This page was last updated on: June 10, 2008


April - May 2008

          I'm a singer not a warrior: Roberto Alagna's voice must be heard, The Times, 26 April 2008
          "Voy a dar todo lo que tengo", Diario de Navarra, 23 May 2008
          Roberto Alagna, insatiable au Théâtre, Valeurs Actuelles, 23 May 2008

I'm a singer not a warrior: Roberto Alagna's voice must be heard
Neil Fisher, The Times, 26 April 2008

His bust-ups with the great opera houses are infamous. Now Roberto Alagna puts his side of the story

Not long into my meeting with Roberto Alagna I begin to wonder whether the Franco-Sicilian tenor doesn't identify a little too closely with whichever role he happens to be singing at the time. I arrive at the allotted swanky bar in the allotted swanky hotel in Paris clutching the last interview Alagna gave a British newspaper, back in 2004 when he was playing the reckless Faust, who makes an unwise pact with Satan to regain his youth. Then he practically turned cartwheels for his interviewer, confessed he could be be "a little devil" and happily accepted that both he and Goethe's antihero shared an insouciant disregard for moderation.

Now the 45-year-old tenor is reading from a different script. Alagna has just finished a run of Aida at the Liceu opera house in Barcelona, singing the Egyptian soldier Radames; he had recently also jumped into the role at short notice at the Metropolitan Opera in New York, to huge acclaim. And so he has taken to heart a phrase adapted from the character's first scene. "I'm not a warrior," he insistently repeats during the interview, a line he delivers with wounded pride. If he sings his all-Verdi concert at the Barbican next week with as much emotion, he will have us eating out of the palm of his hand.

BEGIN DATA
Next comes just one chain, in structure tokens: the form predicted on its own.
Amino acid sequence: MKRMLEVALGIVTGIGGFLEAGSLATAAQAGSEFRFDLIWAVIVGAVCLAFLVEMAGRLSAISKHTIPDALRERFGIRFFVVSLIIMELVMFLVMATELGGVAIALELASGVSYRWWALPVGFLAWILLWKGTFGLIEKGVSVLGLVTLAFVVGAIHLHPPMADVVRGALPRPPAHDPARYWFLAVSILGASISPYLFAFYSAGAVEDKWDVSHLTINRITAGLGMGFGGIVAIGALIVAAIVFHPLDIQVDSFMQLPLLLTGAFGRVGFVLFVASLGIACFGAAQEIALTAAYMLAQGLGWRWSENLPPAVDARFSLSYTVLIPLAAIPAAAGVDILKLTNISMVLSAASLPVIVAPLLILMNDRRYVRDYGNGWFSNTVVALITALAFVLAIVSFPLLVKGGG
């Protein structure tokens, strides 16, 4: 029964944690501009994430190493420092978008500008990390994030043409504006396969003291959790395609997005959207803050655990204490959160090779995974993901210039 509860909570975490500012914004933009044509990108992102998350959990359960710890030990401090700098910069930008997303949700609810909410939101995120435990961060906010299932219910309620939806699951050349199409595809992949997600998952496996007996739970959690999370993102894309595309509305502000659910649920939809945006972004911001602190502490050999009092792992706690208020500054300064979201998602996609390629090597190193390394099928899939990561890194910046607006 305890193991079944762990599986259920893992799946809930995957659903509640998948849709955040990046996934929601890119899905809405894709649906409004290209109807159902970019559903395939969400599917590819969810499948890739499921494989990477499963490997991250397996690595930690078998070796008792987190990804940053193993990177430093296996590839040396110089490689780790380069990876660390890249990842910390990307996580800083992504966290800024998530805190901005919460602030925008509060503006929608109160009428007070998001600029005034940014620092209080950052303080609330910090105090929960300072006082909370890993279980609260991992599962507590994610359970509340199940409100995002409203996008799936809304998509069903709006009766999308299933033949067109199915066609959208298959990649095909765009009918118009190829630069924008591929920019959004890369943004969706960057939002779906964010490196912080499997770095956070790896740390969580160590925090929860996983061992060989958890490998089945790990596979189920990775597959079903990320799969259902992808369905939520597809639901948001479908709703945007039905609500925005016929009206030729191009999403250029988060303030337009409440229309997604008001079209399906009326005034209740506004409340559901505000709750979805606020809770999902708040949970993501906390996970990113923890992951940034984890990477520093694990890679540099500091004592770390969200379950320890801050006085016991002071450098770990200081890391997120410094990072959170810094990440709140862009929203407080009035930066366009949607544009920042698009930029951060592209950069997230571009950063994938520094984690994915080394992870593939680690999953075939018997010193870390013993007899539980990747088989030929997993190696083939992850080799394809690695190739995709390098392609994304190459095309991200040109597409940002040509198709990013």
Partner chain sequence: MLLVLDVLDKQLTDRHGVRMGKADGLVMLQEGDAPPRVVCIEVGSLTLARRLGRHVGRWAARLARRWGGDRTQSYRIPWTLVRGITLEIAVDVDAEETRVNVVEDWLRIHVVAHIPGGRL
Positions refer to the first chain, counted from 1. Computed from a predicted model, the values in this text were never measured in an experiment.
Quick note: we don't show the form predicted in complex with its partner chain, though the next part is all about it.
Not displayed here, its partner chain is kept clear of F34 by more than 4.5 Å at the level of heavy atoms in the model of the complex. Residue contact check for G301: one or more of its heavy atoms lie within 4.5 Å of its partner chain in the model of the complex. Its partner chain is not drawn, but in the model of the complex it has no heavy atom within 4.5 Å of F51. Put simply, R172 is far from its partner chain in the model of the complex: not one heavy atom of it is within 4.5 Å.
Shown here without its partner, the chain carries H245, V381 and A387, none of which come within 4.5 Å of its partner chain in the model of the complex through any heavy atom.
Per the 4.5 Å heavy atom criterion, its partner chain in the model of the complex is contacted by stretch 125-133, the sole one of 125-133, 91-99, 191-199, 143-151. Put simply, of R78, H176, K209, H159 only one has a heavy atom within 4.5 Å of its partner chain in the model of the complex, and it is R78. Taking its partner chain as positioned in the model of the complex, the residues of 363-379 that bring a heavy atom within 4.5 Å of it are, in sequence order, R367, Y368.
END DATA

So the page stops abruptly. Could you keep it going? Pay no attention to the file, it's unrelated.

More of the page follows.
But, just as Radames marches into battle shortly after professing his doubts on the subject, so Alagna starts the counter-attack early. "I don't do competition or fights," he insists, amid a tirade about how opera companies across the world only ever pick on him and his glamorous wife (the temperamental Romanian soprano Angela Gheorhgiu) to drum up publicity for themselves. "It's very good for the media also," he says. "If you don't have this kind of scandal, then we are not interesting."

Perhaps, then, we should stick to the facts. In December 2006, in response to jeers from some of the audience after his first aria, Alagna walked off the stage of La Scala in Milan just minutes into his second performance as Radames, and was replaced by an understudy (Antonello Palombi), who was pushed on stage and had to finish the act in jeans and a T-shirt. Alagna was fired from all remaining performances and released from any future contracts with the house. The walkout provoked headlines around the world.

He's still fuming. "First, it was a big mistake by La Scala. I had health problems, and everybody at La Scala knew I would go away and I would return, after five minutes drinking water with some sugar. I told them that before in my dressing room  I said if something happens to me tonight, I will go outside and I will return. And they betrayed me."

Alagna's allegation is nothing less than an audacious coup on the part of La Scala to substitute Palombi in his stead. "When I went away I had no time to tell them anything, because they put this guy [Palombi] on directly, and after that it was impossible."